Weight Loss Programs
In a randomized, crossover trial, 12 non-obese women fed a diet providing 80 percent of fat calories as MCTs (40% of total calories from fat) exhibited a greater rate of oxidation of long-chain saturated fats for energy. (11) Another study demonstrated an increased metabolic rate in response to substitution of just 20 percent of fat calories with MCTs. (12) Obese women fed an 800 kcal/ day diet with 24 percent of calories from MCTs had no more weight loss than women eating a similar diet without MCTs. (13) While some authors have theorized a role for MCTs in weight control, (14) this role has yet to be fully defined.
It has been theorized that MCTs improve energy utilization during exercise, but this has not been conclusively demonstrated in clinical trials. One study found similar exercise performance among subjects fed 400 kcal as MCTs, LCTs, or carbohydrates. (15) Subjects used MCTs as an energy source more efficiently than LCTs, but less efficiently than carbohydrates. Another clinical trial found cyclists ingesting a five-percent MCT solution actually had decreased exercise performance compared to those taking a carbohydrate solution or placebo. (16) This decrease in exercise performance was thought to be due to gastrointestinal upset. When MCTs were given concurrently with carbohydrate, no negative effect on performance was noted.
In the inpatient setting, an experimental diet containing 78 percent of fat calories as MCTs (31% of total energy intake) increased glucose metabolism in patients with type 2 diabetes mellitus. (17) In five outpatients with type 2 diabetes, an experimental diet containing 18 percent of calories from MCTs led to a slight reduction in postprandial blood sugar and no effect on fasting blood sugar. (18) The role of MCTs in the management of diabetes remains to be decided.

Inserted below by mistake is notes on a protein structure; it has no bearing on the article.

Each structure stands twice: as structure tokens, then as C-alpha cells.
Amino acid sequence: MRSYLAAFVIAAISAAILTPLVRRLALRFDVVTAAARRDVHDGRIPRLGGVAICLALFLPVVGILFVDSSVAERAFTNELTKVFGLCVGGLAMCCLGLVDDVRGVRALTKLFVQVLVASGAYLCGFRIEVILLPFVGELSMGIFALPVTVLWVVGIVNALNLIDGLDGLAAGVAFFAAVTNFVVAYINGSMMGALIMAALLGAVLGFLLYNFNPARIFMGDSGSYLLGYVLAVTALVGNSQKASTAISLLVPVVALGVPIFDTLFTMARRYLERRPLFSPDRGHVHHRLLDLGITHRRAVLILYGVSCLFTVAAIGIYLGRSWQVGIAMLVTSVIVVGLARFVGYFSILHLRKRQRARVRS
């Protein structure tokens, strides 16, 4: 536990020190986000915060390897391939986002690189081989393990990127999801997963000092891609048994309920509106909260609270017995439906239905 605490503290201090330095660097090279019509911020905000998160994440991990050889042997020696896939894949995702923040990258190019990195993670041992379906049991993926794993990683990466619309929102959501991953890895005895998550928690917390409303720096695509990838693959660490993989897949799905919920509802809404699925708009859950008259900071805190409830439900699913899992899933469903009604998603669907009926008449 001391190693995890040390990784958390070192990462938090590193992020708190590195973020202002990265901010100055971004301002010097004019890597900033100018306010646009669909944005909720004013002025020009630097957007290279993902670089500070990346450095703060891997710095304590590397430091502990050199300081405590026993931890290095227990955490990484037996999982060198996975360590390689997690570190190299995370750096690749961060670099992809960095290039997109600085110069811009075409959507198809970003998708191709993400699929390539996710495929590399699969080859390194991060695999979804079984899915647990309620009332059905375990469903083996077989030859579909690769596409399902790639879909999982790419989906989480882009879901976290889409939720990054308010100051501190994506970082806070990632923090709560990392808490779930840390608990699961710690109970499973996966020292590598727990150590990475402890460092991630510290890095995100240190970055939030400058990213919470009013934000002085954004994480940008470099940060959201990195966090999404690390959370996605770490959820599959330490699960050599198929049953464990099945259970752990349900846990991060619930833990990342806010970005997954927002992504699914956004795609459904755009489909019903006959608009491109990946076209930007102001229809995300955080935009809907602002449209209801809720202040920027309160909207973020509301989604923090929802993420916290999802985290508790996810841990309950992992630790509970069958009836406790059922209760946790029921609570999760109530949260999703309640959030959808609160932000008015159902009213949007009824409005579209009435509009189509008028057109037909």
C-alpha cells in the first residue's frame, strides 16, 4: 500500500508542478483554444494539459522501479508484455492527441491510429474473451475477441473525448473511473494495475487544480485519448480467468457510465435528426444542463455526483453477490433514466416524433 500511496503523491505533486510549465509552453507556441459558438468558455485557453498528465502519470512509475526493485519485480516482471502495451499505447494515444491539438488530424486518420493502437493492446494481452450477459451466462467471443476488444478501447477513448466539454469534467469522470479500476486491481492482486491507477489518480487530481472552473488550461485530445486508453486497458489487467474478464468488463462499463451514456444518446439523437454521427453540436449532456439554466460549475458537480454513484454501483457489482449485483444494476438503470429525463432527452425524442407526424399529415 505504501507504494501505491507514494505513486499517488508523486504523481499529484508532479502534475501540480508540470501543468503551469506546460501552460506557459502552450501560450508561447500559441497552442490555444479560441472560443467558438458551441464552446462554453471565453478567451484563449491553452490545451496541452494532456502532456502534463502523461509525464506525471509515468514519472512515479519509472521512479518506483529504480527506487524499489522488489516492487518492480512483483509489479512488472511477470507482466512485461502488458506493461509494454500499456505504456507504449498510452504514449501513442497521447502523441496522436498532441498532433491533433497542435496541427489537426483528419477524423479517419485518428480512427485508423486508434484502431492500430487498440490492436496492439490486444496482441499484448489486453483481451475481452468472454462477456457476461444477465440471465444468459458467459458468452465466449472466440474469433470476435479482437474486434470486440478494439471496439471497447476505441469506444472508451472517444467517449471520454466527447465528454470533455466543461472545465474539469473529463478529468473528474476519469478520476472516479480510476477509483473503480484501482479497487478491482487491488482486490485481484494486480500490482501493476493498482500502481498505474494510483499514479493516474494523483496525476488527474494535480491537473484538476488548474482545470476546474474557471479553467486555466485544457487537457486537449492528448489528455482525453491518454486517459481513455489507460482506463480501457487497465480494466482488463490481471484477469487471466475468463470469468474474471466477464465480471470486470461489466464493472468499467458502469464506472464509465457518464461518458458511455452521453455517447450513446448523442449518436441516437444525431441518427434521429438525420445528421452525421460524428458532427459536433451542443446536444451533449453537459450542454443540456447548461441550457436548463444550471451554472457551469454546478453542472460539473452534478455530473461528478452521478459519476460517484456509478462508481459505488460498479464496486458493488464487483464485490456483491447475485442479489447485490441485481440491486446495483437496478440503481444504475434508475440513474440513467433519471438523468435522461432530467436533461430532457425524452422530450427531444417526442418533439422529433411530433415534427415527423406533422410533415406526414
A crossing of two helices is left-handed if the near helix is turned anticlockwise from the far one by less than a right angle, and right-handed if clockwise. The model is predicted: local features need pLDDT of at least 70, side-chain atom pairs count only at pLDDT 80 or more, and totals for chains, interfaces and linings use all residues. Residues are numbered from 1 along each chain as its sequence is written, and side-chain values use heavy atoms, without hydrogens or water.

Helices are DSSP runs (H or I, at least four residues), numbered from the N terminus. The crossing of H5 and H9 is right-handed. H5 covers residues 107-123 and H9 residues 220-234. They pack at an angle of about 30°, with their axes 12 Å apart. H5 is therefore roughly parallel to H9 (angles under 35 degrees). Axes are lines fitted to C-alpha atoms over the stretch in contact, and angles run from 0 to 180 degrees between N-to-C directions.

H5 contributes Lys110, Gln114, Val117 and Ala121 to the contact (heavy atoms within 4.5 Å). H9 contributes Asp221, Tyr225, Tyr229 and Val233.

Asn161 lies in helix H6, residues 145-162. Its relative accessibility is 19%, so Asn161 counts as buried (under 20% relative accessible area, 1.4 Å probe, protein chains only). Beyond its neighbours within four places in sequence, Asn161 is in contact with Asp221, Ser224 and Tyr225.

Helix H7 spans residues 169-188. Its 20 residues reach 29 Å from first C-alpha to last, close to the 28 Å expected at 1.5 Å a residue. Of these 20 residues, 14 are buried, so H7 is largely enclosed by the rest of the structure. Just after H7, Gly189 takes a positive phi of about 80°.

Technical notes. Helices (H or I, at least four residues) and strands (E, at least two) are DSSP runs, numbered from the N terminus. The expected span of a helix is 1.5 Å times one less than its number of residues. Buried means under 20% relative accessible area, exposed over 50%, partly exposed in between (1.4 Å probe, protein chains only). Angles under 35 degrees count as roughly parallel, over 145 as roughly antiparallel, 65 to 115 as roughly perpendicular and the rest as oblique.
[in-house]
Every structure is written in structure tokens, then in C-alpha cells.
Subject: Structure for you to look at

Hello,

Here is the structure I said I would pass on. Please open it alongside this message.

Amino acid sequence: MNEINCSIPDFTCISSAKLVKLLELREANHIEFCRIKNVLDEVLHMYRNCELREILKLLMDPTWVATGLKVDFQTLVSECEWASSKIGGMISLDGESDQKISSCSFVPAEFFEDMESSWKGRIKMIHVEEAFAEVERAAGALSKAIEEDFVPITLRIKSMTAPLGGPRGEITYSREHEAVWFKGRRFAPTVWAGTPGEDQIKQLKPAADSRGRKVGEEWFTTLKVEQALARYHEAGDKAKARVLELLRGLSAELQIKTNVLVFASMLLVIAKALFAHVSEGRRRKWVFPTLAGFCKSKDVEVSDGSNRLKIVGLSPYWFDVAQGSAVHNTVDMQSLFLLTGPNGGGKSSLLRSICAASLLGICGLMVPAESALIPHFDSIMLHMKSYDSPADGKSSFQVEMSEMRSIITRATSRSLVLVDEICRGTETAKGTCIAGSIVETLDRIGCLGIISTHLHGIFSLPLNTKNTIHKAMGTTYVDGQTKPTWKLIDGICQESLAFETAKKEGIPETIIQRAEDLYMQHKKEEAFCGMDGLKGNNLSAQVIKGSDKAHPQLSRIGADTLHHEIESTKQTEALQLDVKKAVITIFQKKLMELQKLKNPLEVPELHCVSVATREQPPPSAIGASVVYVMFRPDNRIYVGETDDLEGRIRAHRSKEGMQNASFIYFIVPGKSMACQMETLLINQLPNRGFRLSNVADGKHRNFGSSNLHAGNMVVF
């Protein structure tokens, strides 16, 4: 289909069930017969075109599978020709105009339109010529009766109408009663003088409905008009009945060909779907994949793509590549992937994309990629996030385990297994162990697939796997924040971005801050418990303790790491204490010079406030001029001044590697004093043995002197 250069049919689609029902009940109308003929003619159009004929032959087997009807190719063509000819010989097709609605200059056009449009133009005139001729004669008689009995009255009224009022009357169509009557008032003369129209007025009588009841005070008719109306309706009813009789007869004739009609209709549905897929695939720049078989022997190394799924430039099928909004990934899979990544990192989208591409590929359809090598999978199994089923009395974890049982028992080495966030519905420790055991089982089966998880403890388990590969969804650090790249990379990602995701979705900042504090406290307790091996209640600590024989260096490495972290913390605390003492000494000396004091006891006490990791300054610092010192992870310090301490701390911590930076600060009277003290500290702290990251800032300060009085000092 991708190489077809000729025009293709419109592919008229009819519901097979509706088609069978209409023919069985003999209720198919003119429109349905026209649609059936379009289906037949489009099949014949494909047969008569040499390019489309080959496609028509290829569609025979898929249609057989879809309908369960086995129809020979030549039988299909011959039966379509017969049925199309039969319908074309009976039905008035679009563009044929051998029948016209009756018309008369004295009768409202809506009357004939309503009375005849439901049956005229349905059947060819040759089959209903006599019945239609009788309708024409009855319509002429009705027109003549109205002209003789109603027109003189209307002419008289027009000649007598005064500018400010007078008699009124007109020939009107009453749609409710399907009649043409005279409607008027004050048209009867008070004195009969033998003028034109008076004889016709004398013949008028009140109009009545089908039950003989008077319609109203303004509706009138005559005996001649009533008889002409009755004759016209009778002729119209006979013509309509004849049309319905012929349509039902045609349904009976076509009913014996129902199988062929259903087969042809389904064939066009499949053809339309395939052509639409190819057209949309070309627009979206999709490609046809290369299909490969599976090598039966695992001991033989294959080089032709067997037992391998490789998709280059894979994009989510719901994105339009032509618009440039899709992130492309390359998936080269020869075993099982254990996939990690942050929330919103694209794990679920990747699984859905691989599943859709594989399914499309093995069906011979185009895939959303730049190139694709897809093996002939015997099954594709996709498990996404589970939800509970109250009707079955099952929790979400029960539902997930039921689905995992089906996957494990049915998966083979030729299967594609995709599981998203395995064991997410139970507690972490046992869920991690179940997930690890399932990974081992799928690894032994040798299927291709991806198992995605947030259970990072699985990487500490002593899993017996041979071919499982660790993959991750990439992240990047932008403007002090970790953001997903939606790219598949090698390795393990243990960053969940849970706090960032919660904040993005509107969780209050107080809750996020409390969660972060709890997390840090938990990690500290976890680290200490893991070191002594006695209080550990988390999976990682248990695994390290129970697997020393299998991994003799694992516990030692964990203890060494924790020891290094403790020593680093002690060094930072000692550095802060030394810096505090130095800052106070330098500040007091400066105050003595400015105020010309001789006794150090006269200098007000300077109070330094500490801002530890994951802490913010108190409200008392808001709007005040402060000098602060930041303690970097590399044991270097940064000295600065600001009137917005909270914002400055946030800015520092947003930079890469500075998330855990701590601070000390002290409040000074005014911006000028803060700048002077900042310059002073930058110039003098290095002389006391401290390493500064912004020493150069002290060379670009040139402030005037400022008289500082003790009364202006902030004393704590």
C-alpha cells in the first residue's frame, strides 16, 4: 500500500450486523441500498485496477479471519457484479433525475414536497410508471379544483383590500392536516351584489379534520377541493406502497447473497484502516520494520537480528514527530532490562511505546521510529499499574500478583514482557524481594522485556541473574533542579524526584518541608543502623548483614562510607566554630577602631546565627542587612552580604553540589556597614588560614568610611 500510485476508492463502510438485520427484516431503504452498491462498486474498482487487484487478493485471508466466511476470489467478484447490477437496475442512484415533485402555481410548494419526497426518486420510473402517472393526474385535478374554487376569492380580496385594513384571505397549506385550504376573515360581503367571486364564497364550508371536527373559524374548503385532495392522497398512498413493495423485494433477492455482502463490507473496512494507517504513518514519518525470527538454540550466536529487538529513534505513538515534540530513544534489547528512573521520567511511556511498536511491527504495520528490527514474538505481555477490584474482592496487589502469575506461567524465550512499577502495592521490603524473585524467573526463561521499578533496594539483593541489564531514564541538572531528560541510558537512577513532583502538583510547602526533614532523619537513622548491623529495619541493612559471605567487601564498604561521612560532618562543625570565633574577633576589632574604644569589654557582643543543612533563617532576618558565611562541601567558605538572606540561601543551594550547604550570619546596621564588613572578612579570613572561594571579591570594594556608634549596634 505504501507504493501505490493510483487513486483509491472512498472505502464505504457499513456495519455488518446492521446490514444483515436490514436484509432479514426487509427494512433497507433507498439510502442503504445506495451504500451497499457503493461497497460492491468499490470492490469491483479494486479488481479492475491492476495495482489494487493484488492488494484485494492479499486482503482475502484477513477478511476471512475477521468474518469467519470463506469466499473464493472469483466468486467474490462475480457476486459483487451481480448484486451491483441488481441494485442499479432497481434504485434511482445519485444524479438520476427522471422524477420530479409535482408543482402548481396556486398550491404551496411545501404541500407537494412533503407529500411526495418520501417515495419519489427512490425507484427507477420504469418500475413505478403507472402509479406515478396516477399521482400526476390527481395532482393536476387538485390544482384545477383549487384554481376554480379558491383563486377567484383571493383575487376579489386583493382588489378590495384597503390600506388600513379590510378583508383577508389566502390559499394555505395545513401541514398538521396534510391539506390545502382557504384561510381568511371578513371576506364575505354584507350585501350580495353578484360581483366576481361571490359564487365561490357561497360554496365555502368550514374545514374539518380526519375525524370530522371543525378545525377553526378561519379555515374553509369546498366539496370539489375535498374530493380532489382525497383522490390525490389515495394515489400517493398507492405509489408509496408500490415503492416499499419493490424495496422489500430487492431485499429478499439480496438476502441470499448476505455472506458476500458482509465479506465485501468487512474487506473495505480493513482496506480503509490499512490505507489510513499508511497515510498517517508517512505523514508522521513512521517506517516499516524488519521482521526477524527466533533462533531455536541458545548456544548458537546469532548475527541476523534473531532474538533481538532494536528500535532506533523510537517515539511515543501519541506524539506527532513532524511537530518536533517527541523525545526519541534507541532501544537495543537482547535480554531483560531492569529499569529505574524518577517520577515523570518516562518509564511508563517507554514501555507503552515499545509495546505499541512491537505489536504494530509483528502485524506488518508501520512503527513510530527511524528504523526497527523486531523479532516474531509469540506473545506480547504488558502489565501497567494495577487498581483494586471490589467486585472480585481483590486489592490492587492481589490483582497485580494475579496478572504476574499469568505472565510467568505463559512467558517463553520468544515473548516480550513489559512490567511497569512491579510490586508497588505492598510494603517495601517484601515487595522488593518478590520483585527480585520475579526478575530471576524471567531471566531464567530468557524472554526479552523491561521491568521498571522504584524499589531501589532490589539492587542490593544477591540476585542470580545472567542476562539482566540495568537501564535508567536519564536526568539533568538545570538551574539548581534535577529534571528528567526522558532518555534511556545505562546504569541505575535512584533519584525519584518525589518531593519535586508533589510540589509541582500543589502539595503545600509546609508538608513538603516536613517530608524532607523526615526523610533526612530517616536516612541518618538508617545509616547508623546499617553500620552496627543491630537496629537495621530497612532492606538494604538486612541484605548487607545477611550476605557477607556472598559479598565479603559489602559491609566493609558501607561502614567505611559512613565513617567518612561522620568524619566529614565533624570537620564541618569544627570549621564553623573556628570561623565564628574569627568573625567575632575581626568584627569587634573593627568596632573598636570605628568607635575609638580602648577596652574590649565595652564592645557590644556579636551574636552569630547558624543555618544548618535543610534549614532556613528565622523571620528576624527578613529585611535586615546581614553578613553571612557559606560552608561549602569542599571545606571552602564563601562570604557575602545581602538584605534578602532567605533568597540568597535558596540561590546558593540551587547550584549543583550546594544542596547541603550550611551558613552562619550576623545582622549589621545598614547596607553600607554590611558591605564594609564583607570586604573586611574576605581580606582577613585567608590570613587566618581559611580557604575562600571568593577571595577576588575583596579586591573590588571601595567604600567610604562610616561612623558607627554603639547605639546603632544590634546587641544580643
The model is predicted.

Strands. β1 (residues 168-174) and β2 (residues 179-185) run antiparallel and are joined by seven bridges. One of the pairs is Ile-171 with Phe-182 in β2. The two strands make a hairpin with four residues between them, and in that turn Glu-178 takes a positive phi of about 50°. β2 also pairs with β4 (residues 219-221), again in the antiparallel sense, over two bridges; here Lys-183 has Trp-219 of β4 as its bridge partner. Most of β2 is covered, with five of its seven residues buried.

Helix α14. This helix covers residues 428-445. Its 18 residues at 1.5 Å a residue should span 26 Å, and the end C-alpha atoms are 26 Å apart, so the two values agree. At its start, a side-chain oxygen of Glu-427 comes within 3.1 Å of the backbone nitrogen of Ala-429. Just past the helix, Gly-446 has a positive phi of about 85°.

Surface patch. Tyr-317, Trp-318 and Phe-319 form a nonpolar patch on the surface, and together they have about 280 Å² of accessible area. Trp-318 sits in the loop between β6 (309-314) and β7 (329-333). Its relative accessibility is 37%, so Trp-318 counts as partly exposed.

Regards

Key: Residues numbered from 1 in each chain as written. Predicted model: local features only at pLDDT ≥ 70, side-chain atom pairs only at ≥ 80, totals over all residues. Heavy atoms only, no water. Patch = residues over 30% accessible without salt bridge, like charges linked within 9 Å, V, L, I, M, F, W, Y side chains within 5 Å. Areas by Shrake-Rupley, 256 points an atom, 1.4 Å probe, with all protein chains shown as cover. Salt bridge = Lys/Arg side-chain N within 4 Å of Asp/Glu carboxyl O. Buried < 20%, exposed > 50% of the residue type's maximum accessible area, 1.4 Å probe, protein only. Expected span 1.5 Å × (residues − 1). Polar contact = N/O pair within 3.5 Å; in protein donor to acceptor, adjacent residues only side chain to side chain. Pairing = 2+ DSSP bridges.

Side Effects and Toxicity
Due to its unique absorption characteristics, MCTs tend to be well tolerated, even in individuals with severe malabsorption. While fat malabsorption symptoms are generally fewer with MCTs than with LCTs, some steatorrhea can occur. (3) Mild gastrointestinal upset has been reported in trials using high doses of MCTs. (16)
MCTs significantly raised serum cholesterol in subjects with prior mild hypercholesterolemia. (19) In another study, MCT administration led to an increase in serum lipids compared to corn oil, but a decrease in serum lipids when compared to butter. (20) MCTs significantly increased serum triglycerides and decreased HDL cholesterol compared to LCTs in one study, (21) and significantly lowered plasma triglycerides versus LCTs in another study. (22) In addition, MCT administration has been associated with a slight increase in serum insulin. (23)
Appropriate doses of MCTs vary with condition. Studies involving MCTs have typically used 15-30 mL of MCTs per day in children, and 50-100 mL per day in adults. Higher doses may be required in patients with severe cachexia.